The Mendocino County Air Quality Management District has served Grist Creek Aggregates in Longvale with a Notice of Violation for: operating without a permit; fugitive emissions, and a diesel airborne toxic control measure violation. The county fined the company $21,953.
The most serious violation, operating without a permit, refers to the fact that the Grist Creek/Mercer-Fraser was manufacturing rubberized asphalt with a Crumb Rubber Heating and Blending Unit that was not permitted.
Neighbors say the smell of burning rubber fills the Longvale Valley with noxious fumes every day the plant makes asphalt.
County Air Quality Management District Air Pollution Control Officer Bob Scaglione was out of the office this week and was not available for comment on the Grist Creek Aggregates violations.
Brian Hurt, owner of Grist Creek Aggregates, said he had no comment on the complaints against his company.
Third District Supervisor Tom Woodhouse, who in March urged the board to fast track the plant without requiring a full environmental review, said the county would shut the plant down if the owners cannot “make their product and keep the environment clean.”
Woodhouse believes the system is working.
“I think our air quality and Bob in particular have done a very good job of being responsive to the community and their complaints. And that’s what we had hoped,” Woodhouse said. “When you approve any project like this, it is subject to people obeying all the county and state laws that are applicable.”
One neighbor, Lyn Talkovsky, a member of Friends of Outlet Creek, a neighborhood group that opposed the asphalt plant from the start, said she isn’t sure the system is working. She is skeptical about the county’s commitment to residents, many of whose lives have been profoundly impacted by the plant’s fumes since Grist Creek/Mercer-Fraser begin making rubberized asphalt in September.
She thinks Caltrans should be held accountable for contracting with a company that is in violation of its permit.
“For six weeks Grist Creek has been producing rubberized asphalt, and now the project for Caltrans is done. Is it okay with Caltrans that the company that got the contract with them has been in violation the whole time? Is that the way Caltrans does business? I’m very, very skeptical.”
Talkovsky said Friends of Outlet Creek will continue to fight the plant in court but that the pressure placed on residents near the plant is enormous.
“The system isn’t working,” Talkovsky said. “The level of pollution that people are experiencing is unbelievable. There still hasn’t been a visit by the county air district or a supervisor to a neighbor’s home. We have pictures and videos of dense clouds of emissions in the valley, and it’s all been given to the county and the state and the supervisors. What does it take?”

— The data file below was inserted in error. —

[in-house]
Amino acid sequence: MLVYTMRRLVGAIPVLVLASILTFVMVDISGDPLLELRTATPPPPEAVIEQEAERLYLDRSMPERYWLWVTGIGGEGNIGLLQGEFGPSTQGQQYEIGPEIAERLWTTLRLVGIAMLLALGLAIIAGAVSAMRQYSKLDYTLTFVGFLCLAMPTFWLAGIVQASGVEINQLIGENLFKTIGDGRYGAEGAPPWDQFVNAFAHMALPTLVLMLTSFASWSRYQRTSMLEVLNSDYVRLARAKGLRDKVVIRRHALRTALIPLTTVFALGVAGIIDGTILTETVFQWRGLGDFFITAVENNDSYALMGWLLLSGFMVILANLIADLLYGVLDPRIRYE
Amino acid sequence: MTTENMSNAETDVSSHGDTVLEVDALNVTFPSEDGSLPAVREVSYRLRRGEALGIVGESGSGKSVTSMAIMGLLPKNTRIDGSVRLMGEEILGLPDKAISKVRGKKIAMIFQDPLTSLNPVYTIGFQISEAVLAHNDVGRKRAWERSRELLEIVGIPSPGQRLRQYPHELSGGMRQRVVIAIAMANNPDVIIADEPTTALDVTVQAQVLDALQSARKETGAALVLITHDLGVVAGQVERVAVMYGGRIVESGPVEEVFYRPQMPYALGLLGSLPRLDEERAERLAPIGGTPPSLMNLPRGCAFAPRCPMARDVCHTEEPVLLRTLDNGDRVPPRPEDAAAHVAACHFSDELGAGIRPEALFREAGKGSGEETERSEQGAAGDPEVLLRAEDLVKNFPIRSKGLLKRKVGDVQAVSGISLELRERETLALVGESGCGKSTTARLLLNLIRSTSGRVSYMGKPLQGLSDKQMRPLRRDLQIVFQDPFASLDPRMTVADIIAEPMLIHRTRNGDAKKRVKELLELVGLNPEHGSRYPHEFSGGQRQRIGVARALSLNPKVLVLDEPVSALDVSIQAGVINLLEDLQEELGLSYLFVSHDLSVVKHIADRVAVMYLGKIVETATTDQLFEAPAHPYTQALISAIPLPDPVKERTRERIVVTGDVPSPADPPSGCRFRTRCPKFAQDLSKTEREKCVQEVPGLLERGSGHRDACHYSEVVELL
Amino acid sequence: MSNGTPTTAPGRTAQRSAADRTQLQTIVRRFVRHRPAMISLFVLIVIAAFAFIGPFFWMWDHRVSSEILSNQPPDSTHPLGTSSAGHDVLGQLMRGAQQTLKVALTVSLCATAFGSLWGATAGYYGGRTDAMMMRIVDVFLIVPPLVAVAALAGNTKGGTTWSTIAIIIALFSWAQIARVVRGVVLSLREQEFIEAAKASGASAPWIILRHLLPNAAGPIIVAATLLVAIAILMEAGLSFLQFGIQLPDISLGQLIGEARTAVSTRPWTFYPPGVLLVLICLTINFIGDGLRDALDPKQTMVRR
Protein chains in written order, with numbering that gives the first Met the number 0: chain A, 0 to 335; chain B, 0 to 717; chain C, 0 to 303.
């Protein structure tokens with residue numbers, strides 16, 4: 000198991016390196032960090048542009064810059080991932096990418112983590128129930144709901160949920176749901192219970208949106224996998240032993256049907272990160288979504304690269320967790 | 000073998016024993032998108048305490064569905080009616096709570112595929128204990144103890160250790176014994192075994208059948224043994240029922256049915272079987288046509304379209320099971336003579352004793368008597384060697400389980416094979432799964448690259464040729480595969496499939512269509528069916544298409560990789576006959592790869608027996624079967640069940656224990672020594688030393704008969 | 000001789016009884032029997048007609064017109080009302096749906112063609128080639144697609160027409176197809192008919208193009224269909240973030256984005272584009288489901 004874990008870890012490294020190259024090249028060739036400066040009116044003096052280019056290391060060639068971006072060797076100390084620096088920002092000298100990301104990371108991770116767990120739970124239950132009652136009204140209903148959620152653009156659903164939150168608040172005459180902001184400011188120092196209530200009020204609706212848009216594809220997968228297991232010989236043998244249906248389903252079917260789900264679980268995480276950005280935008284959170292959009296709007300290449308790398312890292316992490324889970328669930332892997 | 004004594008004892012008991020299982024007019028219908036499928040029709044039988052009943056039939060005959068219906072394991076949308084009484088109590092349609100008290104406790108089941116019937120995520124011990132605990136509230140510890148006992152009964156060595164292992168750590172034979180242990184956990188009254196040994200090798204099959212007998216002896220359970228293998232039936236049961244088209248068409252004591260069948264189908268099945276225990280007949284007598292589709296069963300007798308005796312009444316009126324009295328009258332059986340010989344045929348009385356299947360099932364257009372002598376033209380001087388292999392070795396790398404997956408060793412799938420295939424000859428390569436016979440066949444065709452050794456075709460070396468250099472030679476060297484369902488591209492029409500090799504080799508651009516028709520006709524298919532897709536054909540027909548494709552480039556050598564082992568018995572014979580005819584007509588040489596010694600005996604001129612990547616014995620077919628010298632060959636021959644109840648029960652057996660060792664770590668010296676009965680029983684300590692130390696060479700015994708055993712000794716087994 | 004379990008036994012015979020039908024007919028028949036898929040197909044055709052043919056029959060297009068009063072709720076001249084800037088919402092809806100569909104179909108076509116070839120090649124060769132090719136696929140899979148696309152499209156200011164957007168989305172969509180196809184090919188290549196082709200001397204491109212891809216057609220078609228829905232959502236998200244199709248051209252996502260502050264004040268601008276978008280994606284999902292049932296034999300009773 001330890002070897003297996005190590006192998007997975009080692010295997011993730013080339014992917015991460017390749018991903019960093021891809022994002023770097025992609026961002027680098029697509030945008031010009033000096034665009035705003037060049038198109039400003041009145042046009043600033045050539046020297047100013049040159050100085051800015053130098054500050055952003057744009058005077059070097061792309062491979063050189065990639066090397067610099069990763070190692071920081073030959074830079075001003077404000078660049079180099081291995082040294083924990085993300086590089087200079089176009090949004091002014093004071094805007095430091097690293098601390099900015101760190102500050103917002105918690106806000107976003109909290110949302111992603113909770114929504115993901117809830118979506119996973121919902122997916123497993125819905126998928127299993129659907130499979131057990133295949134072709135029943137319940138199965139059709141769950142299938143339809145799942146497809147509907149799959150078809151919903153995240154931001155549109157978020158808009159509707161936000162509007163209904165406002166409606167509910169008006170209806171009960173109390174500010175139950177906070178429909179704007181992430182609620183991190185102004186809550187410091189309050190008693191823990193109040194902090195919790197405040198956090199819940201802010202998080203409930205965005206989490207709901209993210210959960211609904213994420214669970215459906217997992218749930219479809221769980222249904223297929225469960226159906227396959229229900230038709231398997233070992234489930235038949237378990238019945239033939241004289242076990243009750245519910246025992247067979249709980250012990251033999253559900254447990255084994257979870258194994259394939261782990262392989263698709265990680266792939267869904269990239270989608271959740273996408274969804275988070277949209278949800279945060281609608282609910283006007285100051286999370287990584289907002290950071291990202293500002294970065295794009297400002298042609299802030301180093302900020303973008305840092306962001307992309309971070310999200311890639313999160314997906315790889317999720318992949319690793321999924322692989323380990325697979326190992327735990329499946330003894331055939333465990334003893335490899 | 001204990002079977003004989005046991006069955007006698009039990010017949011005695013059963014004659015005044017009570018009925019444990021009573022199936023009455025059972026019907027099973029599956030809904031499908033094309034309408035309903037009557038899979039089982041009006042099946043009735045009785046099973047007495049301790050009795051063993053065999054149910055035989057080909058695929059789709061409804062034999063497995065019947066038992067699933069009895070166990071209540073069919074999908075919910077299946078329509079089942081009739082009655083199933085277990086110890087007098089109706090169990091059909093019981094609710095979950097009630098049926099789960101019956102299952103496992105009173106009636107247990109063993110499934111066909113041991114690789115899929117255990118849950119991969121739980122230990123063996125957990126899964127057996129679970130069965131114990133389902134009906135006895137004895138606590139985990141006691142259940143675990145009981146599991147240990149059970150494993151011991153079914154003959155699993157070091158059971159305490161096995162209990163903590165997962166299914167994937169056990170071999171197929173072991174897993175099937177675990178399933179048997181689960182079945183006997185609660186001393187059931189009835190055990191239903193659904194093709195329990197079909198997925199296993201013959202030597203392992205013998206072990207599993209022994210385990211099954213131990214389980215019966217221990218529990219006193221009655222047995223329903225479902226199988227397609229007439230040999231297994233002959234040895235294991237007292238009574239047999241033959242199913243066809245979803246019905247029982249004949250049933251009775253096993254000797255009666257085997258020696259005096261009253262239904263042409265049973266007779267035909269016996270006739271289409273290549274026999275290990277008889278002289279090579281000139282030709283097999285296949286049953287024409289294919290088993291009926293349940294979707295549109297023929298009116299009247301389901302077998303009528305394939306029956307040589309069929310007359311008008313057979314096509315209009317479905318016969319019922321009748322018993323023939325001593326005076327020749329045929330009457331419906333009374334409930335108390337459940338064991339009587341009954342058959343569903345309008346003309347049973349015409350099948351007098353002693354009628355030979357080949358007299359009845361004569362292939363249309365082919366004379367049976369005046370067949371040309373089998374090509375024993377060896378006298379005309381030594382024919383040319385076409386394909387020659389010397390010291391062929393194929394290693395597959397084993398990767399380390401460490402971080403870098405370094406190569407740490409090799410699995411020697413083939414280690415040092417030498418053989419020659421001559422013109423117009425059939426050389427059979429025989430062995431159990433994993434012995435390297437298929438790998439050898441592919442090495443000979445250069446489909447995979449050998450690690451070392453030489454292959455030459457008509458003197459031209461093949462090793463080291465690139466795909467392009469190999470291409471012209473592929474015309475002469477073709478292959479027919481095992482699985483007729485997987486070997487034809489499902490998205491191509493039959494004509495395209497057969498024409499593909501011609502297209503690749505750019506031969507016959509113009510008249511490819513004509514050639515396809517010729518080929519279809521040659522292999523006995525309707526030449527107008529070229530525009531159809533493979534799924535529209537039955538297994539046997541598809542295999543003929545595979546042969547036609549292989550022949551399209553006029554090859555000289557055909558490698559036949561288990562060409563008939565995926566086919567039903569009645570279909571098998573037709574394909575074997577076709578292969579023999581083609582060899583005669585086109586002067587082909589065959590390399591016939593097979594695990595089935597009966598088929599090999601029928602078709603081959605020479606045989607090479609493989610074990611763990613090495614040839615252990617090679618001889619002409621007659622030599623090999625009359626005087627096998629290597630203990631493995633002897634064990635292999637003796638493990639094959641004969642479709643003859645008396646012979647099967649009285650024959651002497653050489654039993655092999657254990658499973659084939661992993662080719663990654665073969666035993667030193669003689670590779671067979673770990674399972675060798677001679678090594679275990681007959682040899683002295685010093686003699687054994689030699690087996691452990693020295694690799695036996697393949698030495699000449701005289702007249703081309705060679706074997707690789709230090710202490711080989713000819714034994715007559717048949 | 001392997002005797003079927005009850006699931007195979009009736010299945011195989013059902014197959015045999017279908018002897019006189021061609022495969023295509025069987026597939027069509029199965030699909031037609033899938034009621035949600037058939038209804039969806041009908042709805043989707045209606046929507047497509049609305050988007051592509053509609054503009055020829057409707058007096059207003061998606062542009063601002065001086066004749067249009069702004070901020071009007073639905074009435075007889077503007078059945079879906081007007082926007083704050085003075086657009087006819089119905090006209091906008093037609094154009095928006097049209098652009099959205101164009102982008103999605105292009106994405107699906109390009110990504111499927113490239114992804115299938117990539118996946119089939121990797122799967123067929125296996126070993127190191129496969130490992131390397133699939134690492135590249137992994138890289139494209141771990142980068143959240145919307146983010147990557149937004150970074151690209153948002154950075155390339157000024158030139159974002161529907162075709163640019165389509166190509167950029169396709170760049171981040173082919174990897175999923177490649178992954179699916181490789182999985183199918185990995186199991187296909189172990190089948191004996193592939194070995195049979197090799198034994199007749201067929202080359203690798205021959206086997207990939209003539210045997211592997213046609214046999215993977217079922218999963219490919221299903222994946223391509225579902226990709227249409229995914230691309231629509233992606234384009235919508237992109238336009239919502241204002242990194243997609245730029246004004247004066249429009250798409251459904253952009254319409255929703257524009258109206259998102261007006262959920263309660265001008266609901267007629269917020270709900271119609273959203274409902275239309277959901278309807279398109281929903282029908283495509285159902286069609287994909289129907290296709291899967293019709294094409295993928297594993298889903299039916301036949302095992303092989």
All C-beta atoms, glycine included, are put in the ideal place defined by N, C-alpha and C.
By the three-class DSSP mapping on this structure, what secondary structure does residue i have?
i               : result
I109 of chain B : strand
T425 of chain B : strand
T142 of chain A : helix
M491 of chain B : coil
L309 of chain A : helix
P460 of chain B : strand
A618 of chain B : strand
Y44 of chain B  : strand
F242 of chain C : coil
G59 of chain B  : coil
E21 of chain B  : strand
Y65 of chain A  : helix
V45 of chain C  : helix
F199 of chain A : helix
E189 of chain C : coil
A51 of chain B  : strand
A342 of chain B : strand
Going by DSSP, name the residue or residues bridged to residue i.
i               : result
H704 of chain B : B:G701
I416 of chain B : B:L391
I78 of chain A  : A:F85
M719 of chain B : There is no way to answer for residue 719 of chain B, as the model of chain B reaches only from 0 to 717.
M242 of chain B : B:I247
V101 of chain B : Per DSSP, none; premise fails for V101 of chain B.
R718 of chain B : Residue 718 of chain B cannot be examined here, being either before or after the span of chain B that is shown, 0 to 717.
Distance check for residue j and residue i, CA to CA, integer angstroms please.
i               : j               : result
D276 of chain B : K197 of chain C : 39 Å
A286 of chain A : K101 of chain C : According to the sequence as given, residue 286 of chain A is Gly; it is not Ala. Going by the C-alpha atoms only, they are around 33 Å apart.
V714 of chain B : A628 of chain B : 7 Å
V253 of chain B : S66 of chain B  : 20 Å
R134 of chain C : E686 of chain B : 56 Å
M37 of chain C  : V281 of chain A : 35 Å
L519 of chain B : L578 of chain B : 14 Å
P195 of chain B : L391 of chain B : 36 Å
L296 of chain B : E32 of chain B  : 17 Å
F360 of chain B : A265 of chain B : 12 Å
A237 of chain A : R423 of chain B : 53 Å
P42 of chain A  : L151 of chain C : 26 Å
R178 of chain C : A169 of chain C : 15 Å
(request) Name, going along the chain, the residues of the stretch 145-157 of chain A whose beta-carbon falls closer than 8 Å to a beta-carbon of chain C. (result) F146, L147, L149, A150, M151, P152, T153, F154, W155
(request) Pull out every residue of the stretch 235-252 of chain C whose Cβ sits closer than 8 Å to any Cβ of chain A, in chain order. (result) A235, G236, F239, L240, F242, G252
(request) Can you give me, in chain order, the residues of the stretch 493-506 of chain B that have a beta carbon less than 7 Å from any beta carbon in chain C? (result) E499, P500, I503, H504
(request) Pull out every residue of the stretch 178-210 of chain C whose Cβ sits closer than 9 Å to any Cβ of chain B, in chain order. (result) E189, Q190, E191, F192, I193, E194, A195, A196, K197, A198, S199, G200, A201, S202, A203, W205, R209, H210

Kirk Lumpkin is also active in the fight to stop the plant and questioned the value to the neighbors of the $21,953 fine.
“Where does the money go?” Lumpkin said. “It is not going to compensate the neighbors or test the water in the creek or further enhance the environment. It will go to the county which allowed this in the first place.”
Friends of Outlet Creek member and neighboring property owner to the asphalt plant, Glen Colwell, who recently retired from the Bay Area Air Quality District in San Francisco, noted that it is sometimes possible for industry attorneys to negotiate with regulators and request that penalties such as this one be decreased.
“In my opinion, if the county attorneys allow any negotiations to lower penalty costs for Grist Creek Aggregates, which may have willfully violated their permit conditions, it would be inexcusable and add additional insult to the injury already perpetrated on the asphalt plant’s neighbors.” Colwell said.
Another neighbor, Douglas Kerseg, said an attorney advised him that using equipment that is not permitted is fraud.
“We were disturbed that when they were given a notice of violation that they continued to operate,” Kerseg said, referring to the fact that the violation was issued Oct. 21 and the plant continued making rubberized asphalt until Oct. 31. “I tried to get Mr. Scaglione to say why, and he told me they were powerless to stop him. It’s amazing to me that they can have a process that uses equipment that’s not on their permit and they can continue to do so.”
Kerseg said neighbors will continue to fight on despite the high legal fees Friends of Outlet Creek is paying.
“One of our very significant problems is that we have raised and spent huge amounts of money which has gone to legal work, and we have significant liabilities to continue that effort. The toughest part of the equation is not just to spread the word but to be able to continue our legal battle to stop these people from operation.”
Friends of Outlet Creek will hold a community meeting on Saturday, Nov. 7, at 10 a.m., to get to know neighbors and discuss what can be done to stop the negative impacts of the asphalt plant. Location is the large pullout off Highway 162 just east of Highway 101.
Jane Futcher lives in Longvale and is a member of Friends of Outlet Creek.